When we were growing up we always ate Thanksgiving dinner at Grandma and Grandpa Elliott’s house or at our house. I don’t ever remember it at any of my other uncle’s houses. If it was at Grandma and Grandpa’s my mother always helped cook there and if we ate at our house Grandma always helped cook there. We always had goose or turkey for dinner. I remember the first time we ever had goose for dinner. Mom and Grandma put it in a huge kettle of boiling water for a few minutes before roasting it. They said that would eliminate some of the fat in the skin. I don’t know. I never cooked a goose except for a skinned one that someone gave us after Louie died. It was a wild goose and didn’t have nearly the fat that our tame ones did. Skinning it was not a good idea either, even though the hunting magazines say do it. Skinning the bird leaves all of the muscle exposed to the heat of the oven. It dries out. If you want to have goose for dinner, don’t skin it. And don’t put it in one of those oven bags. THAT will really concentrated the fat if you have a domestic goose. Cover it and roast it at a low temp for along time to allow the excess oil to drain from the skin. The uncover it and let it brown. Mmm. Makes me hungry for roast goose.
The highlight of the day for my dad was that he and whichever of the uncles who wanted would all go rabbit hunting. Uncle Orland would come up from Gallipolis and sometime Uncle Paul or Uncle Fred would all go hunting early in the morning. They would set out at dawn and go to the farm. Mom and Grandma always planned dinner for mid- afternoon, about two or three o’clock so they would be home. They would come home bringing a fragrance of cold woods and grass with them. If they had shot any rabbits those had to be skinned and cleaned and put to soak in a pan of salt water before we could eat. My bother and I would go out and watch the process. The rabbits would be for dinner Friday or Saturday afternoon. When that was done Dad and Uncle Orland would go wash up and come to dinner still wearing their brown hunting pants.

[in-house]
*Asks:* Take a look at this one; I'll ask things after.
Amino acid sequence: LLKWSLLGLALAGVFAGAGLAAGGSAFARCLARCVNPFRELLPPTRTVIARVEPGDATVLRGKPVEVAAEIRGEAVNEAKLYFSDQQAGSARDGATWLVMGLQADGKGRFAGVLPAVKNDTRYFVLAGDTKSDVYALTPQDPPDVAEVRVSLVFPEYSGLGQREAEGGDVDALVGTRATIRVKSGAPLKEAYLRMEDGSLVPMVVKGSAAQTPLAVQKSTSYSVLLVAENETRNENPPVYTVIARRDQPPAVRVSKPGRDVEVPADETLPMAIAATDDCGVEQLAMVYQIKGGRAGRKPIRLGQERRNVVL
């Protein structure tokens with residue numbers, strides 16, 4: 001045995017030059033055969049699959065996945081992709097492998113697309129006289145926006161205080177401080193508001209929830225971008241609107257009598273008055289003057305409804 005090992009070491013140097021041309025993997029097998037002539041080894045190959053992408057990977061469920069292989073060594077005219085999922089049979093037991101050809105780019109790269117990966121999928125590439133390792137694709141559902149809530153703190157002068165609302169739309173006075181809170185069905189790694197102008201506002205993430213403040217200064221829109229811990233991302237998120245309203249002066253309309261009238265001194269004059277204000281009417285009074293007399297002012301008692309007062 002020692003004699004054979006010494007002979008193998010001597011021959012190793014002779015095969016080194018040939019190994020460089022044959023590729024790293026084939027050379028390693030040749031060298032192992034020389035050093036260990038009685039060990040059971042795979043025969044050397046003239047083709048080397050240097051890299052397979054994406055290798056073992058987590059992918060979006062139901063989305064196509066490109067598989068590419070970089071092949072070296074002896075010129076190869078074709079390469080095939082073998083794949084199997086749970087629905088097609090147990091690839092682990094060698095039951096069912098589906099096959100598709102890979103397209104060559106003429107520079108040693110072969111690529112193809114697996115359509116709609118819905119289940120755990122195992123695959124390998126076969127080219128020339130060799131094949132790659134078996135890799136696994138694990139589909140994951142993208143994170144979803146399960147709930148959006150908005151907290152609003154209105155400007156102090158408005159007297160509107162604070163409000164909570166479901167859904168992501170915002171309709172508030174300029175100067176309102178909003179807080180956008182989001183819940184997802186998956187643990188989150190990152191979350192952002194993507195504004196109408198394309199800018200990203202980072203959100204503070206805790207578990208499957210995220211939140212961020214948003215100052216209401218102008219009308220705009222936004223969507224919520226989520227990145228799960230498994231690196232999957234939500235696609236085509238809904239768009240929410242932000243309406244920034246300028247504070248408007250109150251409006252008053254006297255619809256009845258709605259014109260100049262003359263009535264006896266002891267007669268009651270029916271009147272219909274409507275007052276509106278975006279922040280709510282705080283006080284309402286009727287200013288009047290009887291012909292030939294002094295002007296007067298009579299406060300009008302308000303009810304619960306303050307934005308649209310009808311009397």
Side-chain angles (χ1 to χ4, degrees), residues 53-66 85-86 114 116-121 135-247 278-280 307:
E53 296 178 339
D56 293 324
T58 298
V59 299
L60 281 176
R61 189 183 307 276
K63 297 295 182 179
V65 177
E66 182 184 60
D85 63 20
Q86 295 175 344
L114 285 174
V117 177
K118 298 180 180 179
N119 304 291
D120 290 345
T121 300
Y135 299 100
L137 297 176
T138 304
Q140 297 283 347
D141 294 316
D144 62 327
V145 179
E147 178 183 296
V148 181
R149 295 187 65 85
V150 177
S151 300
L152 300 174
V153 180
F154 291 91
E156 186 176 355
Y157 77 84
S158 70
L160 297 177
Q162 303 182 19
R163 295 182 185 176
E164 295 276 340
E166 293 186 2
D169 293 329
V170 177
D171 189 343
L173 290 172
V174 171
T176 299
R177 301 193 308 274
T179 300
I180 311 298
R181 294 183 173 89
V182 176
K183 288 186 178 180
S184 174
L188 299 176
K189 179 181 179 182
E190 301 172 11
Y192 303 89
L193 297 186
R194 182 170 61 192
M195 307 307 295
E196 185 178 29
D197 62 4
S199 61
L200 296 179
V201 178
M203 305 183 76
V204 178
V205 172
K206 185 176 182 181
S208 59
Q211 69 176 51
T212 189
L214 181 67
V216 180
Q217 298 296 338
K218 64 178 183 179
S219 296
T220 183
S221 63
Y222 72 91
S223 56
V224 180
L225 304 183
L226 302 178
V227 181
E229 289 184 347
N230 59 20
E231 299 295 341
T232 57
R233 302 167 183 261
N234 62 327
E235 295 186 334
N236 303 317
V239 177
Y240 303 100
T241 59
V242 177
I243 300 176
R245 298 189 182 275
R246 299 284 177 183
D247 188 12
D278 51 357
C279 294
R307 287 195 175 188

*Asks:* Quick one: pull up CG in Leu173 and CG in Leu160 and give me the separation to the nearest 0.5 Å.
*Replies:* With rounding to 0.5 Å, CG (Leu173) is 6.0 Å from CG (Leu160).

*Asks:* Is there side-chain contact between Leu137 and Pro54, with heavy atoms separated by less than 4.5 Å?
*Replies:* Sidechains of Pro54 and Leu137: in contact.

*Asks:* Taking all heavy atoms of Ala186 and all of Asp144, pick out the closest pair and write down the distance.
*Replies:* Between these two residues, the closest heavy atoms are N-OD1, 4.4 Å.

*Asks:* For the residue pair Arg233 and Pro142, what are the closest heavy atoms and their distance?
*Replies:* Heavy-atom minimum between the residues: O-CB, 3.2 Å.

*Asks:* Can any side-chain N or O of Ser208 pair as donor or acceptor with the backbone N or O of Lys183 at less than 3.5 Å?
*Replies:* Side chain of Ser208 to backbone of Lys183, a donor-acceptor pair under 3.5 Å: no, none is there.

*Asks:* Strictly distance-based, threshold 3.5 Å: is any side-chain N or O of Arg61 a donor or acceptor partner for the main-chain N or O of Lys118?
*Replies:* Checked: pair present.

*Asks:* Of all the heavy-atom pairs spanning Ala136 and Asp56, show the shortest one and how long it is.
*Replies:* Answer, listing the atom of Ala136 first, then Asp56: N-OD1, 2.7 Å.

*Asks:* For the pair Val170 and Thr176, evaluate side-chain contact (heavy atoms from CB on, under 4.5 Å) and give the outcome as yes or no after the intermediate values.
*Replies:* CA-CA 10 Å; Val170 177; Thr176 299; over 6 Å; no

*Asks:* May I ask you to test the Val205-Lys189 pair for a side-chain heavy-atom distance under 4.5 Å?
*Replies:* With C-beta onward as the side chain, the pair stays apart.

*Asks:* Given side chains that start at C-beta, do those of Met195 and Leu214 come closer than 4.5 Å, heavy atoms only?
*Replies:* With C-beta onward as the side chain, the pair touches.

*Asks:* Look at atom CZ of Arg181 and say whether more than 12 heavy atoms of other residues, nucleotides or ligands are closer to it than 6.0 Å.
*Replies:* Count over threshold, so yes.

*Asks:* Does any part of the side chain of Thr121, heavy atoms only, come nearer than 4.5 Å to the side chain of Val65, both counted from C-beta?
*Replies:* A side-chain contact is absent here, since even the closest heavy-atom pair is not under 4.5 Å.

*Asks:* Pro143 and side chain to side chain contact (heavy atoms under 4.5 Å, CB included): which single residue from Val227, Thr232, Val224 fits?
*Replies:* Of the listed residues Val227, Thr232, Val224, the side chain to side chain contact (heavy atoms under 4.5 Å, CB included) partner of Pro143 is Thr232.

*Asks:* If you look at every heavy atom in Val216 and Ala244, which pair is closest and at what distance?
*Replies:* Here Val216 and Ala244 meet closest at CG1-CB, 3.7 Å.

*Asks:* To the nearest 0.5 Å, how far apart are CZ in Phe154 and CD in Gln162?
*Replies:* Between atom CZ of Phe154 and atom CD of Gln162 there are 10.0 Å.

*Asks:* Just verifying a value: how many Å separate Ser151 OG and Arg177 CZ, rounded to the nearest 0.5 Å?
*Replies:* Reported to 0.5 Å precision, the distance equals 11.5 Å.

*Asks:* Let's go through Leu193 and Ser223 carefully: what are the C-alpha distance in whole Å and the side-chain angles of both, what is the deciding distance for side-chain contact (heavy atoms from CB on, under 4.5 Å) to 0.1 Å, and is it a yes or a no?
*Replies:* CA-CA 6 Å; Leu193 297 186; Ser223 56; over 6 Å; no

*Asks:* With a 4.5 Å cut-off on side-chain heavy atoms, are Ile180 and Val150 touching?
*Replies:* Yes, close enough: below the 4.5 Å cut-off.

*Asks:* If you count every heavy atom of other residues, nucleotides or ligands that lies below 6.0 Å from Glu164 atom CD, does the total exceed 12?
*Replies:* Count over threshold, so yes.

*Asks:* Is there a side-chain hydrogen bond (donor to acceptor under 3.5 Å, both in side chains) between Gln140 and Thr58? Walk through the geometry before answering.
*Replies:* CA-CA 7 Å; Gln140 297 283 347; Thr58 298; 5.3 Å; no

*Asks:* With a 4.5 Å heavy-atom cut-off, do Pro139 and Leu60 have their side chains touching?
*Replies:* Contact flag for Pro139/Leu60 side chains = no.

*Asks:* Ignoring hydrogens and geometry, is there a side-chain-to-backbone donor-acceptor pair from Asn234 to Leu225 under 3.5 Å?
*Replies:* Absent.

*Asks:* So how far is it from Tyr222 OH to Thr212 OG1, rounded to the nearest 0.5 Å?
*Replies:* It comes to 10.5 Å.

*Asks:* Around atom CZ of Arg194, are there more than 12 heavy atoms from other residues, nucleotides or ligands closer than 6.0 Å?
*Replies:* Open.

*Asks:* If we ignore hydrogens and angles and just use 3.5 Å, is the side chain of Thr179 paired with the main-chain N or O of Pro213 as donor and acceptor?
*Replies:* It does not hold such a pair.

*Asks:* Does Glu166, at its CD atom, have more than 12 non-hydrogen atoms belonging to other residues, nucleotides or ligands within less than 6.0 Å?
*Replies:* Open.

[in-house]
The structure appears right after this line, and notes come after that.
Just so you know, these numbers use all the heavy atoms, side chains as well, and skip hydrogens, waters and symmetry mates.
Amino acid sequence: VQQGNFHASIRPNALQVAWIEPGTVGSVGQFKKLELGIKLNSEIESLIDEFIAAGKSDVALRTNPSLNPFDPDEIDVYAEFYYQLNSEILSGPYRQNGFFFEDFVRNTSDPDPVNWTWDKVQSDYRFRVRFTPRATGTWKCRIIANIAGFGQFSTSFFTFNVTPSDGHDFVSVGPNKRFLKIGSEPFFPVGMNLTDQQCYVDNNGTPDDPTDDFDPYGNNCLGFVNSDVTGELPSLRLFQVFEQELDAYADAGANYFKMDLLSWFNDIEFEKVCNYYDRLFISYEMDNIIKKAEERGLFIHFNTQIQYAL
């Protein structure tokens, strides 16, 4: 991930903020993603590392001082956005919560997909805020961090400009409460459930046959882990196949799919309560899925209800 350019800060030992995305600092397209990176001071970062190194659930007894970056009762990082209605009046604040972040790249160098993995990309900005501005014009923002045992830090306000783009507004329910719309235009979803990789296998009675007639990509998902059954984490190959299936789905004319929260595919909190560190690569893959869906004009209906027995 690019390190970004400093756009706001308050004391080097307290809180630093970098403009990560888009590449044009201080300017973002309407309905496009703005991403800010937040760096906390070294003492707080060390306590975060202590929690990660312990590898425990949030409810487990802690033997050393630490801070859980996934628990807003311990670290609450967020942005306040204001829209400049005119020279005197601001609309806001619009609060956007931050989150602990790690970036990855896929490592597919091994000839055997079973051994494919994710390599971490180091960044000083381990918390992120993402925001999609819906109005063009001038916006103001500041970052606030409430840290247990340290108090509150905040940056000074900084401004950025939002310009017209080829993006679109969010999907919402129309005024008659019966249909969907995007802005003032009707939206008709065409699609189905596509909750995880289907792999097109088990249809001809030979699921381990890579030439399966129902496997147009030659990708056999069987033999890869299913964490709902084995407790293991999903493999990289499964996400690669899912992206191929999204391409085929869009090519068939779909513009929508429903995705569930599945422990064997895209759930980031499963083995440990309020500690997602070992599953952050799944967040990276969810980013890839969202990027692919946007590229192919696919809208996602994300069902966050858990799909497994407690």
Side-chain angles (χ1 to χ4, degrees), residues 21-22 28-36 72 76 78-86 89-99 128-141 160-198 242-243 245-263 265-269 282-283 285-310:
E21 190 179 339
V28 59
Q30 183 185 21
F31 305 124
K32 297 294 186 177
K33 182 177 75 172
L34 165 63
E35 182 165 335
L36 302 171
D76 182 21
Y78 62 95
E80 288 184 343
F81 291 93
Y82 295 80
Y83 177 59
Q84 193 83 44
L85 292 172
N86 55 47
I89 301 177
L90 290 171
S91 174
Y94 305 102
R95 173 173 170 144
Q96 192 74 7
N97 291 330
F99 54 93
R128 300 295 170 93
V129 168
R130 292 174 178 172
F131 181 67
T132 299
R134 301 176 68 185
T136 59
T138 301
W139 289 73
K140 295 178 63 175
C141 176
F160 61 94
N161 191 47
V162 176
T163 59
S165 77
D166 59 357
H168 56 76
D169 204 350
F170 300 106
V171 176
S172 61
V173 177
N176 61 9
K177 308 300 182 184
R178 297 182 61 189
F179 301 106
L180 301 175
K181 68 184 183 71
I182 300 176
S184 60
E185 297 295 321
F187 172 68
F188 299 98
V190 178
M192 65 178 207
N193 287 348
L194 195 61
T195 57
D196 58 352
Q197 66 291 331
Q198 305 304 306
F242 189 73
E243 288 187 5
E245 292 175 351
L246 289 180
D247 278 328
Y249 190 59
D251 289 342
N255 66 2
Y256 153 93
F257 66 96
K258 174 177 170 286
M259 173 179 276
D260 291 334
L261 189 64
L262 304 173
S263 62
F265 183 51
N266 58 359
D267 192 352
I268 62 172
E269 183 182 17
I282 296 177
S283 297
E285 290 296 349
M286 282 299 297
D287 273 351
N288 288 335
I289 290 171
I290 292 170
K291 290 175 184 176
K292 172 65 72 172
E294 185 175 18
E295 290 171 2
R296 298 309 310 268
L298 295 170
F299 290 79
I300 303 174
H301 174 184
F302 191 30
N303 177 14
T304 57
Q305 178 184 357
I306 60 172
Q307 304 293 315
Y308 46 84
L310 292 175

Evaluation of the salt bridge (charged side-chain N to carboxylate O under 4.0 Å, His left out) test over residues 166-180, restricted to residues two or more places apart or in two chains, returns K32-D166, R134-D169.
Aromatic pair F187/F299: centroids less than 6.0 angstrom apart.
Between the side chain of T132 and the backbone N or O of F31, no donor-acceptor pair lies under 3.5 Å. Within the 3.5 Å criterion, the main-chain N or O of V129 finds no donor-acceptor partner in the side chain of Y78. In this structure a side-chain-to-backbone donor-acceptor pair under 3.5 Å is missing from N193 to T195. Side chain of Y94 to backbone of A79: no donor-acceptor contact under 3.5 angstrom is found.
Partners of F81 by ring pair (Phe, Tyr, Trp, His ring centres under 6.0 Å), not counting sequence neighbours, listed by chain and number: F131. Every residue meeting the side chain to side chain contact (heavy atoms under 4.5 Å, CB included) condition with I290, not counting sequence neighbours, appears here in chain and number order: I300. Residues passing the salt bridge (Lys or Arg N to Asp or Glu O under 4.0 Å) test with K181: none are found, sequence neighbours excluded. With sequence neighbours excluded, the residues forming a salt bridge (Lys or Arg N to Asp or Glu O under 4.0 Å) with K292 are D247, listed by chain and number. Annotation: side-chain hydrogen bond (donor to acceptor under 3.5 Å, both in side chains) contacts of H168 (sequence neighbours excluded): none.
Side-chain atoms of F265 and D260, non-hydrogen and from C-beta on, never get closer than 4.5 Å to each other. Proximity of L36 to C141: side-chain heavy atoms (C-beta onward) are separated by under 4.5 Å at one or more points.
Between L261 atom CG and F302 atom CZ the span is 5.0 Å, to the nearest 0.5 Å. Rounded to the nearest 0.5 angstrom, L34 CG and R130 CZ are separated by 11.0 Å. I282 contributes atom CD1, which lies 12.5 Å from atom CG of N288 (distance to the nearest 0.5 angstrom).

The first Thanksgiving meal I cooked after Louie and I moved to the little pink house was distressing for me. We had a huge turkey and all of our family over to eat it. I remember trying to get everything done while I worked around four or five sisters and grown nieces. Any one of them would have been happy to help, but they hadn’t had any experience in cooking a bilighana style Thanksgiving meal so they didn’t know what to do or even offer to do. I had plenty of experience but no practice in directing people to help; nor had I lived with my Navajo sisters long enough to be comfortable asking them to help or bossing them around. In later years they would just jump in and do what ever needed doing and I would have no shyness in asking them to do something particular. Louie’s family at that time was very traditional and had very little experience in making a traditional Thanksgiving dinner. Louie had invited them to our and they were all looking forward to it. And I was happy to have them. That year though we were all just a little bit nervous about our proper roles in the preparation. Should they volunteer? Would I be offended if the offered to help? Should I ask for help or would that be rude? None of us were sure.